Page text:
in Corktown is offering cheap or near-free rent to socially conscious entrepreneurs and artists committed to improving the community.
Post 2: Pitching for Success
You've paid the registration for an investor event, donned your best suit and have a fresh stack of business cards. How do you take the limited networking time and make the most of the opportunity?
Research and target investors.
If you know in advance the investor firms attending an event, a little homework will go a long way. At Accelerate Michigan, we put the biographies of investor judges on our website
for the competitors and attendees. Whereas it's an unusual level of detail, you can check out other events' marketing and websites to see what firms are attending.
There are three key pieces of information that you'd want to know about each firm to streamline your networking and focus on the highest value contacts for your unique proposition. VC and angels specialize by industry, often because it's their background and expertise. Firms can be broken down into early and later investment stage, with a range of minimum and maximum investment. Also, their geography is important as investors frequently prefer to place their funds in companies in their region. In most cases, you can find the answers to all three questions on their website. And, time permitting, peruse their portfolio to see if they have invested in competitors or complementary technologies.
Practice your elevator pitch.
Prepare your short pitch before you head out. You don't know how much time you'll have with someone before you're interrupted, so if you give the high level overview in 60-90 seconds, they will always walk away with a picture about your opportunity. My rule of thumb with companies is to have them put together this framework and modify it to their own style. My company (insert name) is developing/manufacturing a product (insert tech) to solve a particular problem (insert) for a specific audience (insert). Our competitive edge is (insert)
If your short pitch and early talks impress the investor, they might ask to dig in a bit further. Make sure that your deck is up to date, and if your demo requires wifi connection, make sure you have a few screen shots just in case.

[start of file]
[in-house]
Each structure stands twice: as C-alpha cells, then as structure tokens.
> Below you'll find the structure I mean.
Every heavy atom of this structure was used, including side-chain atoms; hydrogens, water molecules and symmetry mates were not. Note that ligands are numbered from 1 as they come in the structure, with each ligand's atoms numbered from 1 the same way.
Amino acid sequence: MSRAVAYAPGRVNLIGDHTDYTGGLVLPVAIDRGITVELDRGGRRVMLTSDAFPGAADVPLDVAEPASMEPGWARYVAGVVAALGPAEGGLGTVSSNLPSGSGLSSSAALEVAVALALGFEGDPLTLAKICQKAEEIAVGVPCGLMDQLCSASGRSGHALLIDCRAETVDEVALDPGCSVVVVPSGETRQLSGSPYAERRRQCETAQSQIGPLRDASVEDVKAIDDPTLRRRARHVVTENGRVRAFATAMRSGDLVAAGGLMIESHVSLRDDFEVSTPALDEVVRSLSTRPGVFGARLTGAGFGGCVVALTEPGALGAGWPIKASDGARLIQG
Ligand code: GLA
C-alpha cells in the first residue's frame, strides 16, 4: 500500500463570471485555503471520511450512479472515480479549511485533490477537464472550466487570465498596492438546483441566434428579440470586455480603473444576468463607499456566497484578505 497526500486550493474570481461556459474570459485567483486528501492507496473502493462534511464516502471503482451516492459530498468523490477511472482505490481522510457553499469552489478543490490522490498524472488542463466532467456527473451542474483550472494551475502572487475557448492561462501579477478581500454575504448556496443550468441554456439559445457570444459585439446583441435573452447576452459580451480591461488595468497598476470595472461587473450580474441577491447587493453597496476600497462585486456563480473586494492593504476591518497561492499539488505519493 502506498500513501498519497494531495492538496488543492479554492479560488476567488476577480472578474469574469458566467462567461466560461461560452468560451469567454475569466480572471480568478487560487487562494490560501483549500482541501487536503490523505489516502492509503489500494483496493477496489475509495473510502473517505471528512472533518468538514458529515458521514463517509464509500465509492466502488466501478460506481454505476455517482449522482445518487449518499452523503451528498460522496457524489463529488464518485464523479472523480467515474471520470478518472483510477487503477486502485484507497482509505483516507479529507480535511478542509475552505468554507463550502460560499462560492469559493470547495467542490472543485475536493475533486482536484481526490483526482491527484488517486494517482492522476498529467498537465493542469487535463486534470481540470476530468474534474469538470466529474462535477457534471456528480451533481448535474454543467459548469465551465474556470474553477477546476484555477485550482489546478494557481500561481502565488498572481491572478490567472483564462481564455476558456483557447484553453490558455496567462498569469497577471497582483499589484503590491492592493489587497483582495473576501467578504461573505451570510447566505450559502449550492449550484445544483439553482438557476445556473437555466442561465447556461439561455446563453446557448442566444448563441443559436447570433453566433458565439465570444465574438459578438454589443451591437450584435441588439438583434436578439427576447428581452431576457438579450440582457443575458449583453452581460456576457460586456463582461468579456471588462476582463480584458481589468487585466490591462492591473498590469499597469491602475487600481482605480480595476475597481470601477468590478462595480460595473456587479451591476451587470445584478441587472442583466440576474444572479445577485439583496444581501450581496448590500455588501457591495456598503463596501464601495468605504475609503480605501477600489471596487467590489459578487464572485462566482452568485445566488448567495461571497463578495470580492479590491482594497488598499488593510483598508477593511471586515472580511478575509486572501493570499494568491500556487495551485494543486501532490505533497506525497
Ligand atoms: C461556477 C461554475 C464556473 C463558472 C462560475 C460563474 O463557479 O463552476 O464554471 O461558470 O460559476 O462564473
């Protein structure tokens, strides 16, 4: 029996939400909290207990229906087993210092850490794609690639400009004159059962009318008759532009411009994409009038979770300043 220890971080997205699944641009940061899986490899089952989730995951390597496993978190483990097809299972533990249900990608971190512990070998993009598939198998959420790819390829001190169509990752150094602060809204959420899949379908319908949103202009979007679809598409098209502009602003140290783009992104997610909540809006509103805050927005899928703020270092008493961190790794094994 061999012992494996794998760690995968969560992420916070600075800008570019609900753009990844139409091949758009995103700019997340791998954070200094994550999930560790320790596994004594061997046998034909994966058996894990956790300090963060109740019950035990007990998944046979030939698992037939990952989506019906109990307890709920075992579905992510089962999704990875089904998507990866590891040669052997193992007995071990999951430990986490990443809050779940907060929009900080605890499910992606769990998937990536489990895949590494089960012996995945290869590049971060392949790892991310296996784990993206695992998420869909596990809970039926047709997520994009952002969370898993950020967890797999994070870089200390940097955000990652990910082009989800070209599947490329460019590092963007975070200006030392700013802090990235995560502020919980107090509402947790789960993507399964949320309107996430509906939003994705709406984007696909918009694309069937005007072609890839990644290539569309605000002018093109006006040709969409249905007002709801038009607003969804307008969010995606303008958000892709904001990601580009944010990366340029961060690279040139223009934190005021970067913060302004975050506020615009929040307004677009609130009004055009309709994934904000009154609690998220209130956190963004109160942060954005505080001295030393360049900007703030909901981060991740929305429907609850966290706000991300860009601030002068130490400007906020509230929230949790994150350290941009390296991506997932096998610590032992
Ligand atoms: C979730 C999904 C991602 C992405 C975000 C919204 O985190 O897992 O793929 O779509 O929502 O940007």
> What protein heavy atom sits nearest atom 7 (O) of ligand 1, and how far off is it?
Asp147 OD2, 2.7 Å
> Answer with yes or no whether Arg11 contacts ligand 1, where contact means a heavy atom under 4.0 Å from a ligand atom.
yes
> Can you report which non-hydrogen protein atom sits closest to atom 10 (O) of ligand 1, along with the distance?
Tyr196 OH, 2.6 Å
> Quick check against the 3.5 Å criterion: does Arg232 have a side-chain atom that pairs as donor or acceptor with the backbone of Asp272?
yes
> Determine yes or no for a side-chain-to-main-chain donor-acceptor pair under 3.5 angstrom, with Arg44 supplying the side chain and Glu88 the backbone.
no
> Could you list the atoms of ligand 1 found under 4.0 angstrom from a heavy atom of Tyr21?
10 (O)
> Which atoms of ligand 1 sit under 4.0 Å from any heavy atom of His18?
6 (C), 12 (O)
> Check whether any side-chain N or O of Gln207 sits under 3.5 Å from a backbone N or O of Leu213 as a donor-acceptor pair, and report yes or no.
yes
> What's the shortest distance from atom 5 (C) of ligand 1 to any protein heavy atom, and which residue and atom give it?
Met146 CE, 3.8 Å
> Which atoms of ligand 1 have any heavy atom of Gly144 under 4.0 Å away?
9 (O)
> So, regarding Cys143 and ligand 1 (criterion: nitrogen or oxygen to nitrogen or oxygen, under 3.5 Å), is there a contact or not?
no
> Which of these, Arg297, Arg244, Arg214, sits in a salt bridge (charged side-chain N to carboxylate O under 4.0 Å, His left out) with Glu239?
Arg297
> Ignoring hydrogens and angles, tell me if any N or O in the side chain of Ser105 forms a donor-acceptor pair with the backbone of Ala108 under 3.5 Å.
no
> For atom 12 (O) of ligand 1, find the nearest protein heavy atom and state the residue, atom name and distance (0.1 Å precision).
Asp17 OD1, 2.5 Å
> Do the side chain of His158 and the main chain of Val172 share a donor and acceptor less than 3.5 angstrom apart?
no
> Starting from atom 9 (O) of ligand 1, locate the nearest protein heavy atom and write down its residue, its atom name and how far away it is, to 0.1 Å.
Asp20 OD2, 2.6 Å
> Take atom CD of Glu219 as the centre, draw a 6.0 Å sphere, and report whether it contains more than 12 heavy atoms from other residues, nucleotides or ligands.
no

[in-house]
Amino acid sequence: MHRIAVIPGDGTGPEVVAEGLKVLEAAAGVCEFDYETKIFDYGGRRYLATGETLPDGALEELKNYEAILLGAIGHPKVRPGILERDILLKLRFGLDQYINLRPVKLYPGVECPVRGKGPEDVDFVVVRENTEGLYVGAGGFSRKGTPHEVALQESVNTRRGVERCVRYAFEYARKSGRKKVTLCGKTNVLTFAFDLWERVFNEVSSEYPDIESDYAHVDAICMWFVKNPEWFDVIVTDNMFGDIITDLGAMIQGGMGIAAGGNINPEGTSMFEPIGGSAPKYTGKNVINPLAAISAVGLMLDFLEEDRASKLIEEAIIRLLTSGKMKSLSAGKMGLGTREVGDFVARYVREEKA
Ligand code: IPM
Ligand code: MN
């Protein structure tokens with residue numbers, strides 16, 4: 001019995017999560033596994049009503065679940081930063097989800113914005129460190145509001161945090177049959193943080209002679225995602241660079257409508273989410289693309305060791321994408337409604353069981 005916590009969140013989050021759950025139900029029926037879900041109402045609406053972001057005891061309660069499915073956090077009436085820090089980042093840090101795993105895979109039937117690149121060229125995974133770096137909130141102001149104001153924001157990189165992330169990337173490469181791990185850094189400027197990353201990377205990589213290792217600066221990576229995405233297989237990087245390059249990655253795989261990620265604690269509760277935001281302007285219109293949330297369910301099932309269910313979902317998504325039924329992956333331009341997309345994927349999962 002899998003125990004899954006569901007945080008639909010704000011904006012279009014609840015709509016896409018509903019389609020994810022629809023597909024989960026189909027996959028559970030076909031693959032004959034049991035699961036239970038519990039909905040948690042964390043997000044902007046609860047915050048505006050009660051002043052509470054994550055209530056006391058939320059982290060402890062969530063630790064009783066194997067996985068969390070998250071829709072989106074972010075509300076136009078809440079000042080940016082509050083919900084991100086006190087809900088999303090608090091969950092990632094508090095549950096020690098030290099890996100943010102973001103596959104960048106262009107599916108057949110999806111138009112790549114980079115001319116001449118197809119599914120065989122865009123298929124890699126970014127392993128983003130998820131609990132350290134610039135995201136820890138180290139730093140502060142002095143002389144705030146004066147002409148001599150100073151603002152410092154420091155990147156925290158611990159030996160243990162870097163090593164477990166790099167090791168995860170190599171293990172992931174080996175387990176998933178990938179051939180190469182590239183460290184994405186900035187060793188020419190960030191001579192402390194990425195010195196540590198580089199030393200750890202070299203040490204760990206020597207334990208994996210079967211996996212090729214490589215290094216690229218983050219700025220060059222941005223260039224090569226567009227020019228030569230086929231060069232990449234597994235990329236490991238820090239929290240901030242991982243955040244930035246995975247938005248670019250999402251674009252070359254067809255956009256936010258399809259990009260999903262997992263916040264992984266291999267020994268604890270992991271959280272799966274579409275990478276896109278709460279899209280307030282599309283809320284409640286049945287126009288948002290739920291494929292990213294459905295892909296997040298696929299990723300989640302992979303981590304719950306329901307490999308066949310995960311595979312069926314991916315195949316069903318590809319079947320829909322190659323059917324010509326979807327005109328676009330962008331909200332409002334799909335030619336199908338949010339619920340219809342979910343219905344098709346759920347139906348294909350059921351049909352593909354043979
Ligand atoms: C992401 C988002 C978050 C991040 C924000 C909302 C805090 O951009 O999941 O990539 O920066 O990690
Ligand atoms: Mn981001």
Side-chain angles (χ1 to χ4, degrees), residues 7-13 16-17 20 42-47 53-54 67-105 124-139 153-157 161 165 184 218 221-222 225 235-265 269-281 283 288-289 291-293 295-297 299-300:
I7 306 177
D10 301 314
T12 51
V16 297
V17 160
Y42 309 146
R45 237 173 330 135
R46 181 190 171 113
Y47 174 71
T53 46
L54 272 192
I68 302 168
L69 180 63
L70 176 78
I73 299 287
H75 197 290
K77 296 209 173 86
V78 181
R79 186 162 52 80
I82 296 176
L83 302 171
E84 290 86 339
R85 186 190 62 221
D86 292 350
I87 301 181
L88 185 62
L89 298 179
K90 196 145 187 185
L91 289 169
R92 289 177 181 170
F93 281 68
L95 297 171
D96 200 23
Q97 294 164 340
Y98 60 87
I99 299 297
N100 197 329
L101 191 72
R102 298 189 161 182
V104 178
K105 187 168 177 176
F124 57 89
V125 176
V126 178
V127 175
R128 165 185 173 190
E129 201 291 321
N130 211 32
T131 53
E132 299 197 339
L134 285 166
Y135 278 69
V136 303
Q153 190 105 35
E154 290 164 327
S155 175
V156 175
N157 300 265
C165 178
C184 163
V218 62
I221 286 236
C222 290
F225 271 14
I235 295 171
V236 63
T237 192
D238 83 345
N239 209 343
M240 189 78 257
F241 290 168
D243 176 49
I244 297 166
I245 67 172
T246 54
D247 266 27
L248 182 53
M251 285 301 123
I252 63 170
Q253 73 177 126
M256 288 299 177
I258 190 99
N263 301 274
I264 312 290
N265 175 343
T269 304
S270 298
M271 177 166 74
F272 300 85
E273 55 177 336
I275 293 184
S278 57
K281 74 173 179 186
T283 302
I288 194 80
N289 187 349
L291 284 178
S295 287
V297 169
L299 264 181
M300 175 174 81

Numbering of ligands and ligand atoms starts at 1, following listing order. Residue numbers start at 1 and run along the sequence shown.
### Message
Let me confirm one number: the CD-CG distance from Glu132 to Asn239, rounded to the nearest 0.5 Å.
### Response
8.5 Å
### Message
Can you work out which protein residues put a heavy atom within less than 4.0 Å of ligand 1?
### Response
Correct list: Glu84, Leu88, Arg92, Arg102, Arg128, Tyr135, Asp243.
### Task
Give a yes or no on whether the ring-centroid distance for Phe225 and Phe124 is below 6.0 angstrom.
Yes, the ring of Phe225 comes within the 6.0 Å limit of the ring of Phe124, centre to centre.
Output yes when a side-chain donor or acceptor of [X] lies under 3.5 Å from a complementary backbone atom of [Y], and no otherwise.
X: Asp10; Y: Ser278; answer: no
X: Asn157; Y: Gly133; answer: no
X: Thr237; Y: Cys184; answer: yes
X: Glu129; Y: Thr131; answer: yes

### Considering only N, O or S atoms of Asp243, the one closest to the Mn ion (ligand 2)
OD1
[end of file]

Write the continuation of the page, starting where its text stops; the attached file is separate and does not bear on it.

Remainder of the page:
Move out of your comfort zone.
Networking can be fun, but it is sometimes intimidating or just exhausting. Nevertheless – you spent money to attend precisely because you need to make new connections to get your business funded. Well networked individuals have a much easier time getting a warm lead to the right investor, so show some guts and get out of your comfort zone to approach new and potentially influential people.
Your primary goal is to convince investors you're worth talking to further. Harkening back to the pitch template, you'll start with a narrative that's perhaps a bit narrow, but you'll have some time to flesh it out. After the pitch sentences, spend time explaining what your product does and why it's great. Secondary details such as competitors or resumes should be relegated to follow-up meetings.
Venture capitalists invest in people, so having positive chemistry is an important factor for any financing to occur. Remember that taking investment is a long-term relationship with those who will potentially own a controlling stake in your business. If someone is a caustic jerk from the initial contact through the due diligence, they're going to be a challenge to work with and build a successful endeavor.
Make sure to fulfill the deliverables from your conversation. If there wasn't something specific, send an email with a two- page attachment with what you do, key metrics of the business, how much money you need and what you're going to do with it. That's all. Ditch the 50-page slide deck or your 30-page business plan.